Repairing, reinstating and creating surface detail
with Geoff Coughlin
Target modelling project for this demonstration: Airfix 1:48 North American P-51D Mustang
Sometimes during the ejection moulding process when parts are ejected from the mould you can get imperfections in the plastic parts that you may need to eliminate and improve because if you don’t you can get some unsightly effects that can spoil the eventual look of that part of your finished model.
The first question to ask yourself is – are you bothered? Maybe not and if so press on, although, as your skills and experience develop you may become frustrated that you didn’t attend to these things at the time as the finished look of your model leaves you disappointed in some way. I just think that preparation is everything – take care of it and you give yourself a fair chance of being pleased with your completed model. Try and cut corners, ignore what’s in front of you and get ready for disappointment! Taking a bit of time to take care of these modelling issues at the time is all part of the preparation process.
The second question to ask is ‘will the defects be seen on the finished model?’ And, if the answer to that is ‘No’, then you might just get away with not doing anything about them at all, saving time and unnecessary effort. Try some careful dry-fitting of the parts if you can to see if the (annoying) marks will be visible and decide after that.
The final consideration then is when you believe the marks will be visible and you want to do something to eliminate or mask them and that’s what this entry in your SMN Techniques Bank is going to address.
2 main choices
Ok, so you decide you want to get rid of the ejector pin marks and/or sink marks. The basic choices are to either fill, sand and buff the affected area or find a way to mask the defect so that it won’t show on your completed model.
This is my least preferred method, mainly because the ejector pin marks are often in difficult-to-get-at areas and trying to fill and sand (especially) is likely to damage the surrounding detail. This approach does work well though on flat, exposed areas. Filling does take more time to finish than masking that follows below.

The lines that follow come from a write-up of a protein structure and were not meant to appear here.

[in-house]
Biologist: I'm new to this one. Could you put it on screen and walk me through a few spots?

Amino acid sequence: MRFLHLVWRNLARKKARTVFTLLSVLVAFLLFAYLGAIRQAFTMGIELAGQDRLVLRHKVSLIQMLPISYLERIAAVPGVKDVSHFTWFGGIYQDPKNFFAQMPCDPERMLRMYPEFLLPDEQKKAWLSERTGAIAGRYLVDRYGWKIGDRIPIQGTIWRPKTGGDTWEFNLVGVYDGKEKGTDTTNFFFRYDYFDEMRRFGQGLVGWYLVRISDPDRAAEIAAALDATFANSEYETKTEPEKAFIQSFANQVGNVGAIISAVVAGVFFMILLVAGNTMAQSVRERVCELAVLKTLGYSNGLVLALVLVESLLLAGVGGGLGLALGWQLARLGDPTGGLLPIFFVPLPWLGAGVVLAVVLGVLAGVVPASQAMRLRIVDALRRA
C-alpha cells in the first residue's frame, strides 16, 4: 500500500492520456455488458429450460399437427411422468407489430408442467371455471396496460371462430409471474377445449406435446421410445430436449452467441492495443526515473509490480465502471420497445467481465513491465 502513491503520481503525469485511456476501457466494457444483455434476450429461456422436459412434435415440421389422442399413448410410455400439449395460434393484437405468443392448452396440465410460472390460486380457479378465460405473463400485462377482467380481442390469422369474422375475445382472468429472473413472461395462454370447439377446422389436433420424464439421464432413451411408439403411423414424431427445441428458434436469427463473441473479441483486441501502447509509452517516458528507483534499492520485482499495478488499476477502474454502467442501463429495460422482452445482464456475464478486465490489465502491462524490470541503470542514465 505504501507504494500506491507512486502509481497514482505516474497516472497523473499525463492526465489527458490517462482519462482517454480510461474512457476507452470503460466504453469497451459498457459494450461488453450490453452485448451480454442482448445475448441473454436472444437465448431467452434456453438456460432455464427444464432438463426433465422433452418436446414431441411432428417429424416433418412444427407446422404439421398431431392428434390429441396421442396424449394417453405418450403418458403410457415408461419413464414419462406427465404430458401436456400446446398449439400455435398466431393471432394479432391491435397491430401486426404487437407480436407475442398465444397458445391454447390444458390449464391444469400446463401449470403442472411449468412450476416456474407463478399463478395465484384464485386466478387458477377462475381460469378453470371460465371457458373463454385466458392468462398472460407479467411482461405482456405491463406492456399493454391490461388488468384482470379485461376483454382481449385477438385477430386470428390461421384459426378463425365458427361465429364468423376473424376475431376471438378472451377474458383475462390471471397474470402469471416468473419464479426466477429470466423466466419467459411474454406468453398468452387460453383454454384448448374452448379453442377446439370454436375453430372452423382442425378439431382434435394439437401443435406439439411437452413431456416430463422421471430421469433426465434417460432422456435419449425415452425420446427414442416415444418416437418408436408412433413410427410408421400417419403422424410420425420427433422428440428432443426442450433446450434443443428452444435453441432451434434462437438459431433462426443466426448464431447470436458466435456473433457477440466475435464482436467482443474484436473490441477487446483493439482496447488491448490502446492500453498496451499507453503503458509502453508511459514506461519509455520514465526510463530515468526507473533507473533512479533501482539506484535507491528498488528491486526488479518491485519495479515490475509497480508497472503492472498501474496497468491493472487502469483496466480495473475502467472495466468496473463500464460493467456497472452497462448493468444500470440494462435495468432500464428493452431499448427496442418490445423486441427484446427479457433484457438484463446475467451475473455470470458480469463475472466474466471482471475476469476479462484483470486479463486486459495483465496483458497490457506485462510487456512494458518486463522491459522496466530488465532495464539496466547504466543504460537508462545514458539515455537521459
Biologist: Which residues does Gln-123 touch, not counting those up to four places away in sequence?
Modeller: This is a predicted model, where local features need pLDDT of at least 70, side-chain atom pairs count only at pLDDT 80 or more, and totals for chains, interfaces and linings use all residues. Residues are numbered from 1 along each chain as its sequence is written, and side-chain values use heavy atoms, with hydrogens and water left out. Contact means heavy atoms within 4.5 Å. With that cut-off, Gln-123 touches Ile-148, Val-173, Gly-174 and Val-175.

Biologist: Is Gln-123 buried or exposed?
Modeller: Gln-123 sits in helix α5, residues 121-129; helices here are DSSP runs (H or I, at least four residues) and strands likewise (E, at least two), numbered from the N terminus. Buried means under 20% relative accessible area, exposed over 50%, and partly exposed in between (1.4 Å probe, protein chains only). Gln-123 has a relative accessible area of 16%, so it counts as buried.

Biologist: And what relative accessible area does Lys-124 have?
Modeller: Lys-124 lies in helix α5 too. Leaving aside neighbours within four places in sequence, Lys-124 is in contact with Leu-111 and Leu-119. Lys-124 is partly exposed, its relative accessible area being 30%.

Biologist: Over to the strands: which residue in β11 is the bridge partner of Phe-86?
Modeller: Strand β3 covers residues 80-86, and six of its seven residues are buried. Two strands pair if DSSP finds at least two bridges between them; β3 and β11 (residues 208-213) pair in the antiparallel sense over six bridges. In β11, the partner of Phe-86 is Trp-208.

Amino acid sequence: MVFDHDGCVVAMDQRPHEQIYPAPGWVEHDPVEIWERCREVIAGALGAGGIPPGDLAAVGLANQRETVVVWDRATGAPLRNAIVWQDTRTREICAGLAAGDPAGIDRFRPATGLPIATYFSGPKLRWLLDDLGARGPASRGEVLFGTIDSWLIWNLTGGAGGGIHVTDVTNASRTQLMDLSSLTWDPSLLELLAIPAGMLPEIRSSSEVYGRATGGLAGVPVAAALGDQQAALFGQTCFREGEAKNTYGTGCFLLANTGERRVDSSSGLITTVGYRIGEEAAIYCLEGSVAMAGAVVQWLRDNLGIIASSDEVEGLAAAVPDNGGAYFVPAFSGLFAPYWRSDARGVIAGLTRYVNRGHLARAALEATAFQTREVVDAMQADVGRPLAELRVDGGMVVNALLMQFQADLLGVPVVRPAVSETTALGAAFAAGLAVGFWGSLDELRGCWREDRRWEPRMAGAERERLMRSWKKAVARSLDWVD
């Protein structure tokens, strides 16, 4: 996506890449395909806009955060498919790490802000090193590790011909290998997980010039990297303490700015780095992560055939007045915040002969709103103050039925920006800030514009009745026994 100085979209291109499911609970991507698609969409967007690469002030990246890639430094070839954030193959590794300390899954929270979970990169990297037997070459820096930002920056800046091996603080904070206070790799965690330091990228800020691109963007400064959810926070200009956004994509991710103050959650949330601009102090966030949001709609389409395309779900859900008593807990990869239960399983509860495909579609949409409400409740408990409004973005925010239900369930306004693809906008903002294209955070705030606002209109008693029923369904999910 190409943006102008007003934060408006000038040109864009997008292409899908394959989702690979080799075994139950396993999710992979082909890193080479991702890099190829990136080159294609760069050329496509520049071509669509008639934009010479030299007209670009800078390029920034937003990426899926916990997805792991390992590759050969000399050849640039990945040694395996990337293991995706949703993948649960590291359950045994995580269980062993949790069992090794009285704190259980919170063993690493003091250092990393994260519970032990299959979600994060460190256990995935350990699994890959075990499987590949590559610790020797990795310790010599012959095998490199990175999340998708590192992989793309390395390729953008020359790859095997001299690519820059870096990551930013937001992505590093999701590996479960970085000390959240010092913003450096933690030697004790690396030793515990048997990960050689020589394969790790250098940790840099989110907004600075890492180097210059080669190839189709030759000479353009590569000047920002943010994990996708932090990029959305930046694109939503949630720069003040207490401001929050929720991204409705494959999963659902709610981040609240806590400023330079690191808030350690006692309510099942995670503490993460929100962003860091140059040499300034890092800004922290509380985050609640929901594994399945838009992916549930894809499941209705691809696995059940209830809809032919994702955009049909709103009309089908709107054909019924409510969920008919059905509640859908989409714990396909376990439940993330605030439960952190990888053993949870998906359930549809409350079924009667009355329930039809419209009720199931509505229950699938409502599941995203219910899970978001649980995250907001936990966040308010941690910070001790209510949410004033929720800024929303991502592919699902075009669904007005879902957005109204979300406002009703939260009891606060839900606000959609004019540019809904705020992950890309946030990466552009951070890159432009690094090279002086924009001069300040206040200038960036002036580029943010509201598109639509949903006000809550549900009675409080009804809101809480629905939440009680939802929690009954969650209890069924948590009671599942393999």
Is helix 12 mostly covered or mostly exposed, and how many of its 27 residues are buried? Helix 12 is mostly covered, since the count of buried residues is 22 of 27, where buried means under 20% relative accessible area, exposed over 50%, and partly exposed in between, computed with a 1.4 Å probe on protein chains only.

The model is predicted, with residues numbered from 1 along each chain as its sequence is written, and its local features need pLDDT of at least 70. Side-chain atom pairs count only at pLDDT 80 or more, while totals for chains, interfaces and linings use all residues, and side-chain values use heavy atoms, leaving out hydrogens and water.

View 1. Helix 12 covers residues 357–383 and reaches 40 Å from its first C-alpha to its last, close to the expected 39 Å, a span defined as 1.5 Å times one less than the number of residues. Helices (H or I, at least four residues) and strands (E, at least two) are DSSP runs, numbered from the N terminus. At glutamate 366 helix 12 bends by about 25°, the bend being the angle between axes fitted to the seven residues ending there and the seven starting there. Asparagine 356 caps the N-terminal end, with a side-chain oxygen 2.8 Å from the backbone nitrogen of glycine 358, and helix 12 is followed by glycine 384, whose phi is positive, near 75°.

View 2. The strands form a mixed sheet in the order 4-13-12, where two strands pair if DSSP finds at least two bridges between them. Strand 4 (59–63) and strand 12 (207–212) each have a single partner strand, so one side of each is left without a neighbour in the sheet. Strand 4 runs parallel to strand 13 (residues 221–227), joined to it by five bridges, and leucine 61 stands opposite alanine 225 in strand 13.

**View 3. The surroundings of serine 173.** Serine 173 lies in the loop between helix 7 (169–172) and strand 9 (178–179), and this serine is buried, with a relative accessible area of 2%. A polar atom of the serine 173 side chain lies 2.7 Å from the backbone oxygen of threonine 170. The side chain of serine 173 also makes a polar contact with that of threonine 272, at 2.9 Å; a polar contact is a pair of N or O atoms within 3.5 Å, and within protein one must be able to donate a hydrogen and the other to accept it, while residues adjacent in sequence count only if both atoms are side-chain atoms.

The filling remedy I use (there are other options as ever) is to mix some cyano glue with some talcum powder (60-40 glue to talc) and use that to fill the defect or affected area (see your SMN TB – Glues and Gluing for how to do this). Leave to dry thoroughly overnight and sand and buff to restore the nice flat surface.
Masking the defect
I like this approach a lot and it usually works very well. The main advantages are that it’s quick, clean and easy to achieve making it one of my ‘go-to’ techniques when I want to make good quick progress with my project. The result is very effective and is near impossible to spot on your finished model :)
Materials you need for this fix:
• small sheet of metal foil – e.g. from a wine bottle top or an aluminium fizzy drink can. You can of course use thin plasticard too instead of metal foil (I would still fix it in place using cyano as shown in the demo to avoid any risk of distortion if you use too much liquid poly to attach the mask).
• scalpel – to cut your mask from the foil and trim any excess away
• Tamiya masking tape – to make a template for your metal foil plug (mask)
• cyano glue – to fix your mask in place
• cocktail stick – to press your tape mask into the corners/edges of affected area. Also to spread your glue evenly across area where your mask is to be attached.
You can see the masks in place here and they neatly hide the defects and so you’re ready to paint. In this demo I have deliberately not primed the treated cockpit as I want to create some variation with the new panels looking slightly different to the others adding contrast to the finished cockpit. Just a bit of artistic licence really and along with a wash using Ammo of Mig Jimenez Dark Panel Line Wash, some dry-brushing and detail painting the cockpit looks pretty good I think.
What you see here is a cockpit 100% out of the box – still some parts to go in from the Airfix kit but what you see here comes totally from the kit.
I just happened to be building this new-tool Airfix kit when I spotted the problem and so it’s given me a chance to demonstrate the techniques for you. You’ll notice that in fact, the cockpit side wall ejector pin marks probably wouldn’t have been visible anyway and so in truth the second question asked at the head of this piece would apply.
The sink marks are another story – they were disappointing on a new-tool kit from a main manufacturer although, as I hope you’ll agree, the fix is quick and easy.